Angela and her husband both have off-the-farm jobs as an Insurance Agent and Supply Chain Manager. They are actively involved in their local communities, volunteering when they can with local events and county fairs.
“Faith sees the invisible, believes the unbelievable, and receives the impossible.” – Corrie Ten Boom
Dawn Salcito is a wife, mother, grandmother, and rancher in Arizona. She has been married to her husband Justin for 31 years. They have three sons – Jacob, Owen, and Ben and two daughters-in-law – Cheyenne and Emma. Dawn also has three grandchildren and can’t wait for more!
Dawn’s family worked on ranches throughout Arizona. This industry and community is the driving force behind her desire for progress. Her husband’s family has owned the Z3 Ranch outside of Skull Valley for over 34 years. She and Justin have been fortunate enough to live and raise their family on the ranch. In 1997, Justin stopped riding saddle broncs full time and began running the family ranch. Raising their family and building a sustainable ranch business has been their primary focus ever since.
She began her conservation journey as a natural resource conservation district board member in 2016. At that time, they were having issues with conservation practices on their federal allotment, and Dawn hoped to make a change by getting involved. She was drawn in by the concept of locally led efforts. From her perspective, the people on the land best understand the resource concerns and how to solve the problems but lack the ability to coordinate funding pools and stakeholders. This is the strength provided by conservation districts and by extension the Arizona Association of Conservation Districts.
“You can only become accomplished at something you love. Don’t make money your goal. Instead, pursue the things you love doing and then do them so well that people can’t take their eyes off you.” – Maya Angelou
Born in Tulsa, OK, Donald Stephens is a native Oklahoman. With his twin brother, they purchased five acres of land north of Tulsa where they developed and operated D&R Ranch. Donald also started D&R Rodeo Productions producing rodeos. Later, he began a non-profit – D&R Western Heritage – focused on educating people about the true story of African American men and women in the American West. Donald has also appeared in two movies – Young Guns and Desperados.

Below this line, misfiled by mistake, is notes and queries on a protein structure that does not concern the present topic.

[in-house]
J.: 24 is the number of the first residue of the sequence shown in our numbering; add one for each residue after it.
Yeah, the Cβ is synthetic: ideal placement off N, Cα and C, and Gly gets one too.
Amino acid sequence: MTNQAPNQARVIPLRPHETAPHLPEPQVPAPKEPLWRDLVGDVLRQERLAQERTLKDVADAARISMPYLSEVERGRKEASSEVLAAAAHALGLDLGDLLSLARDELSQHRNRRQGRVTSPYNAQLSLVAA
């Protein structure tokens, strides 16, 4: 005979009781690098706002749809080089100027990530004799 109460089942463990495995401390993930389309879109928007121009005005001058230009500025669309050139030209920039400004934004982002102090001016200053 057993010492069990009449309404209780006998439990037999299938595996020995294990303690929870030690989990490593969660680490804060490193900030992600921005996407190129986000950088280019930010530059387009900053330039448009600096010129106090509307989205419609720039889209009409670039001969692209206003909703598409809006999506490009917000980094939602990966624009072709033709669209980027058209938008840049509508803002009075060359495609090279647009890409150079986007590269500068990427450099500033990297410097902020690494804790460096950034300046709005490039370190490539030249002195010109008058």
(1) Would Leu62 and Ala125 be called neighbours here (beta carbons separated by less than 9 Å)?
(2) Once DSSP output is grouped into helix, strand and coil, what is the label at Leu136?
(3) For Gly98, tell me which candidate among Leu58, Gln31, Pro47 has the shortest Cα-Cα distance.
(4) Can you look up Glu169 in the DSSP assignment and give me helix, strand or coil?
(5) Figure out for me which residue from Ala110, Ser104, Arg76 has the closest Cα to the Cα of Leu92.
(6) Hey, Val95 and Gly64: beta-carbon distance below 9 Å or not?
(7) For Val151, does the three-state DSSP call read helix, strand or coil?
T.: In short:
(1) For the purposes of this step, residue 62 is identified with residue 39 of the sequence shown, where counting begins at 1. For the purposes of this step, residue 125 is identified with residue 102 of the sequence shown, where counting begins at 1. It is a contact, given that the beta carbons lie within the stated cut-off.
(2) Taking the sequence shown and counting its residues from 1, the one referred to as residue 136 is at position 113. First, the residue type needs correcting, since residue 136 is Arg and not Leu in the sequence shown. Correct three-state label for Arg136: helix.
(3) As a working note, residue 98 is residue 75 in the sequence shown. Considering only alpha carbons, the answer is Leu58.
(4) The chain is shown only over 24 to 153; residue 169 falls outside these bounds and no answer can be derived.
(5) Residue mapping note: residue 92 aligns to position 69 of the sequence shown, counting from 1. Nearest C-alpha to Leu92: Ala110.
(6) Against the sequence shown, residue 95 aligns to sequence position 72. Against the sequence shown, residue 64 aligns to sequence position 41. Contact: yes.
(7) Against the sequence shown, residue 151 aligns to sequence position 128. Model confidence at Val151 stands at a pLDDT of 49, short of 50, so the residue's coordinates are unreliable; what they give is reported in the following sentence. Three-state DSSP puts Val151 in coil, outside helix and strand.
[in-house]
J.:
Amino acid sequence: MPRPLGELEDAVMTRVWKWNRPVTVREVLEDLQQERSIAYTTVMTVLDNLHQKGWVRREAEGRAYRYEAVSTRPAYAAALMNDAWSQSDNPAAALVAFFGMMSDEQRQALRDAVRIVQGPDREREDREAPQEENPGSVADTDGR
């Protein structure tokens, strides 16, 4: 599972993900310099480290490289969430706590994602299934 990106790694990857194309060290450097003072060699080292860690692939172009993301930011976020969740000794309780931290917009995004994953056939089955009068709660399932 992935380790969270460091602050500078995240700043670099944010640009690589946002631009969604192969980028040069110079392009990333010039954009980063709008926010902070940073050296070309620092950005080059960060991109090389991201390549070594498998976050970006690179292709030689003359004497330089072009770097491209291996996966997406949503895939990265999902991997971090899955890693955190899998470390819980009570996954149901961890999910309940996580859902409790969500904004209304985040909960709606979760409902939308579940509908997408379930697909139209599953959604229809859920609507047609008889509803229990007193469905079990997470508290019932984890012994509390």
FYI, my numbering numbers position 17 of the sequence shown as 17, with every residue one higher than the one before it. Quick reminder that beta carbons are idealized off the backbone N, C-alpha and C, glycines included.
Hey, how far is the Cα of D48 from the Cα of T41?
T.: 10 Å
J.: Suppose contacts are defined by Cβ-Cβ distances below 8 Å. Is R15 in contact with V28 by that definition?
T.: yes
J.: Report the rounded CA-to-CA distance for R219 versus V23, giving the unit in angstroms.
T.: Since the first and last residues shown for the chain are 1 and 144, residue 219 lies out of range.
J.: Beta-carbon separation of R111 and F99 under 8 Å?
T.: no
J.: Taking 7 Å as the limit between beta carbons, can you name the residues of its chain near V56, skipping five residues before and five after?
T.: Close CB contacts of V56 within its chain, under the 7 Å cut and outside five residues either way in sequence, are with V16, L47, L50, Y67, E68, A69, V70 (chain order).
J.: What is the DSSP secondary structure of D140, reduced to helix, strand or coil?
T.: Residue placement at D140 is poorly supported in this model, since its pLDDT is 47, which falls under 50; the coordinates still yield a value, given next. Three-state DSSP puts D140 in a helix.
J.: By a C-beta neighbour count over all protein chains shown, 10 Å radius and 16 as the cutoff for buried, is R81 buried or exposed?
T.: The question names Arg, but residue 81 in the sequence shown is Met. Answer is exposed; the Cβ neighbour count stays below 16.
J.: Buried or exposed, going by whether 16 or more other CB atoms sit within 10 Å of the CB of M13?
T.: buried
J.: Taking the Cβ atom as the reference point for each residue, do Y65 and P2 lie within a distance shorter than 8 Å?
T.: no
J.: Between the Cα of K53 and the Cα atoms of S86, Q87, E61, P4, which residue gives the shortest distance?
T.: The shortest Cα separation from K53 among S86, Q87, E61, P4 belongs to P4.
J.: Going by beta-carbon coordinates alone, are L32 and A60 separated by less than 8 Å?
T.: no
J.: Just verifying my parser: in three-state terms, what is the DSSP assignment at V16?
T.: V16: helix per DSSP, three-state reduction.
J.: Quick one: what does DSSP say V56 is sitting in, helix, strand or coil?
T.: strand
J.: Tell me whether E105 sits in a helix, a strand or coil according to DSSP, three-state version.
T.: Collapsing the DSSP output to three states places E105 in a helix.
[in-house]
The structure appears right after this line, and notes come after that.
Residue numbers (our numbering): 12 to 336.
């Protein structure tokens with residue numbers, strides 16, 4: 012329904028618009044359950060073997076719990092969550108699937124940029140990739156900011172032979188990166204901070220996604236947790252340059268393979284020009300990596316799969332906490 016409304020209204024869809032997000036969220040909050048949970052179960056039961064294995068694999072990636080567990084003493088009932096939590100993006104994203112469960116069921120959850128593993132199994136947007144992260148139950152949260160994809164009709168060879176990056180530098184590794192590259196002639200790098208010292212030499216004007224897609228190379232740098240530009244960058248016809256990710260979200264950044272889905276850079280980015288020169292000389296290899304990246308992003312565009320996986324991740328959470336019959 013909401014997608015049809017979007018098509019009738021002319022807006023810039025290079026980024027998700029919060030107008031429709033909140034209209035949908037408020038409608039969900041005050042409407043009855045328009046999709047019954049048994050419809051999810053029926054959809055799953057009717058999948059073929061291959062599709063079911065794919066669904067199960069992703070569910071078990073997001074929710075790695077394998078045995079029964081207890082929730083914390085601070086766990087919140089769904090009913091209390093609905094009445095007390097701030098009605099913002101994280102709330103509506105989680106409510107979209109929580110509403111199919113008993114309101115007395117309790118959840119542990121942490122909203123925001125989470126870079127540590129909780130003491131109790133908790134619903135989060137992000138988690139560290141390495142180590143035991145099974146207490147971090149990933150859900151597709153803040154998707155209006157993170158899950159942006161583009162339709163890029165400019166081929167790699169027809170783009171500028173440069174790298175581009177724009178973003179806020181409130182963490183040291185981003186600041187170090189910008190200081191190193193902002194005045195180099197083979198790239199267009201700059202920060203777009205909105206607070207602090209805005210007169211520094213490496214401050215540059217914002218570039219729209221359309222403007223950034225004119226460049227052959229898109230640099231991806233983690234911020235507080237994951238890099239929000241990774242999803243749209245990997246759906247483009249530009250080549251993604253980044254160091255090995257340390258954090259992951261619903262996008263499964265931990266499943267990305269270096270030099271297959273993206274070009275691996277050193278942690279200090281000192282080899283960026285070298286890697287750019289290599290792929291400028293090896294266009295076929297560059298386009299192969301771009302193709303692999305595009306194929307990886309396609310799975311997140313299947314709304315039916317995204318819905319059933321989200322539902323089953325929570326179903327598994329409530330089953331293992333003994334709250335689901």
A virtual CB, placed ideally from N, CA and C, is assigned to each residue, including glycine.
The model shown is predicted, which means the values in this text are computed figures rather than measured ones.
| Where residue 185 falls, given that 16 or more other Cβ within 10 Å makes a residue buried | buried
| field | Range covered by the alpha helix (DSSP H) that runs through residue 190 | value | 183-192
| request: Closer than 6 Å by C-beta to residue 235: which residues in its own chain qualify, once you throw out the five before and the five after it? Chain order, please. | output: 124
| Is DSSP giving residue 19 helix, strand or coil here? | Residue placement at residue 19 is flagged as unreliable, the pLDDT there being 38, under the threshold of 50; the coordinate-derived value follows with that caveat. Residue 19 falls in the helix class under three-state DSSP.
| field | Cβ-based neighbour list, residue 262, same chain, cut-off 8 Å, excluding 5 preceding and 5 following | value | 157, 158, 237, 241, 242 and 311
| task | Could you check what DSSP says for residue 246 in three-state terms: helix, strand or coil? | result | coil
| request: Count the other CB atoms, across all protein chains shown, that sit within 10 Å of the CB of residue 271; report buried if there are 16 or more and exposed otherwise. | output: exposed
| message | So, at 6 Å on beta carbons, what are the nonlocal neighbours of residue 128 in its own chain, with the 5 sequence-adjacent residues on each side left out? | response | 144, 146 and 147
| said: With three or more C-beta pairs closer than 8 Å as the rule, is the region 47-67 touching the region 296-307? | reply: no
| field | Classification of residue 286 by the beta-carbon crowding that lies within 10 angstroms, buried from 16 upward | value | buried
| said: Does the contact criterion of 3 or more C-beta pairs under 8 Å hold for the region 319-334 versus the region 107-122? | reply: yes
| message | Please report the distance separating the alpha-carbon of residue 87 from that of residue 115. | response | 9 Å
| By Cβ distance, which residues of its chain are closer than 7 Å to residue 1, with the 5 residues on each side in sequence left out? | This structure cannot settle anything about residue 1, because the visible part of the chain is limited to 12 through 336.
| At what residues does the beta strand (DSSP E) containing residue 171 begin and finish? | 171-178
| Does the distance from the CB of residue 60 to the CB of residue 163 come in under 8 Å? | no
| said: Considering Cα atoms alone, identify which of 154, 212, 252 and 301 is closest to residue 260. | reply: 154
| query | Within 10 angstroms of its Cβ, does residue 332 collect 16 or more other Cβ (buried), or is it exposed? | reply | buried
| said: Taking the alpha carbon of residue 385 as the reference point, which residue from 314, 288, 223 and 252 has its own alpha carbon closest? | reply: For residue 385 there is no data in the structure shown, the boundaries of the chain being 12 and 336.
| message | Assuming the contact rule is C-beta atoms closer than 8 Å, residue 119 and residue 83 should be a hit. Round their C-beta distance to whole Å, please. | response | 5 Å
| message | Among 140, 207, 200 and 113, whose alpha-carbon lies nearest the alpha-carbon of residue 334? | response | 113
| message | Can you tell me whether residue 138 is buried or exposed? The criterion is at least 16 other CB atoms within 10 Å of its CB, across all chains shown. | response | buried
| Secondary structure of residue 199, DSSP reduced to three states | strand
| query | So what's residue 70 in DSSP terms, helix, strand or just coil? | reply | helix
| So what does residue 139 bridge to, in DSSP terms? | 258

In 1977, he followed in his father’s footsteps with a career in firefighting. His father was one of the first six African American men hired on the Tulsa Fire Dept. Donald was promoted to Lieutenant and was a nominee for Fire Fighter of the year in 1996 for the rescue of a pregnant woman in a two story house fire. After serving for 31 years, he retired in 2008.
With no heir land or generational wealth, Donald purchased and built a commercial cow and calf operation in Creek County, starting Big D Farm & Ranch. He then ran for election on his local conservation district board in 2019 and won. He is now serving his second term and was recently appointed as chairman. Creek County has one of the most diversified boards in Oklahoma, with a lot more work to accomplish. Their goal is to inform all land owners, farmers, and ranchers about the conservation programs, technical assistance, and USDA services available. Donald is a member of the OACD leadership Class, has served on the FSA as a Committee Member, and is a member of the Oklahoma and Creek County Cattleman Assoc and National Cattlemen Beef Association.
“Imagination will often carry us to worlds that never were, but without it we go nowhere.” – Carl Sagan
Mike Stewart is a Massachusetts native that made his way to Greenville, South Carolina in 2013. He currently works in TD Bank’s Private Banking Division as a Credit Analyst. In 2019 TD Bank recognized Mike with the CEO Award Winner for Environmental Leadership from Maine to Florida.
With over 15 years of risk management experience and concerns with the region’s rapid growth, Mike decided to get involved with local organizations such as Upstate Forever, Friends of the Reedy River, and Save Our Saluda. In 2018, Mike was elected to a seat on the Greenville County Soil and Water Conservation District Commission and in 2020 he was elected to represent the 11-county West Piedmont Region on the South Carolina Association of Conservation Districts board. Mike has served as the Chair of Greenville County Soil and Water Conservation District since 2020 and as South Carolina’s NACD Board-Alternate since 2022. Additionally, he serves as a board member for Friends of DuPont Forest in Cedar Mountain, NC.
In his free time, Mike enjoys assisting the transport team for local wildlife rescues, attending Charlotte FC soccer matches, live concerts, and hiking with his partner Jessica and their two German Shepherds – Benni and Dewey.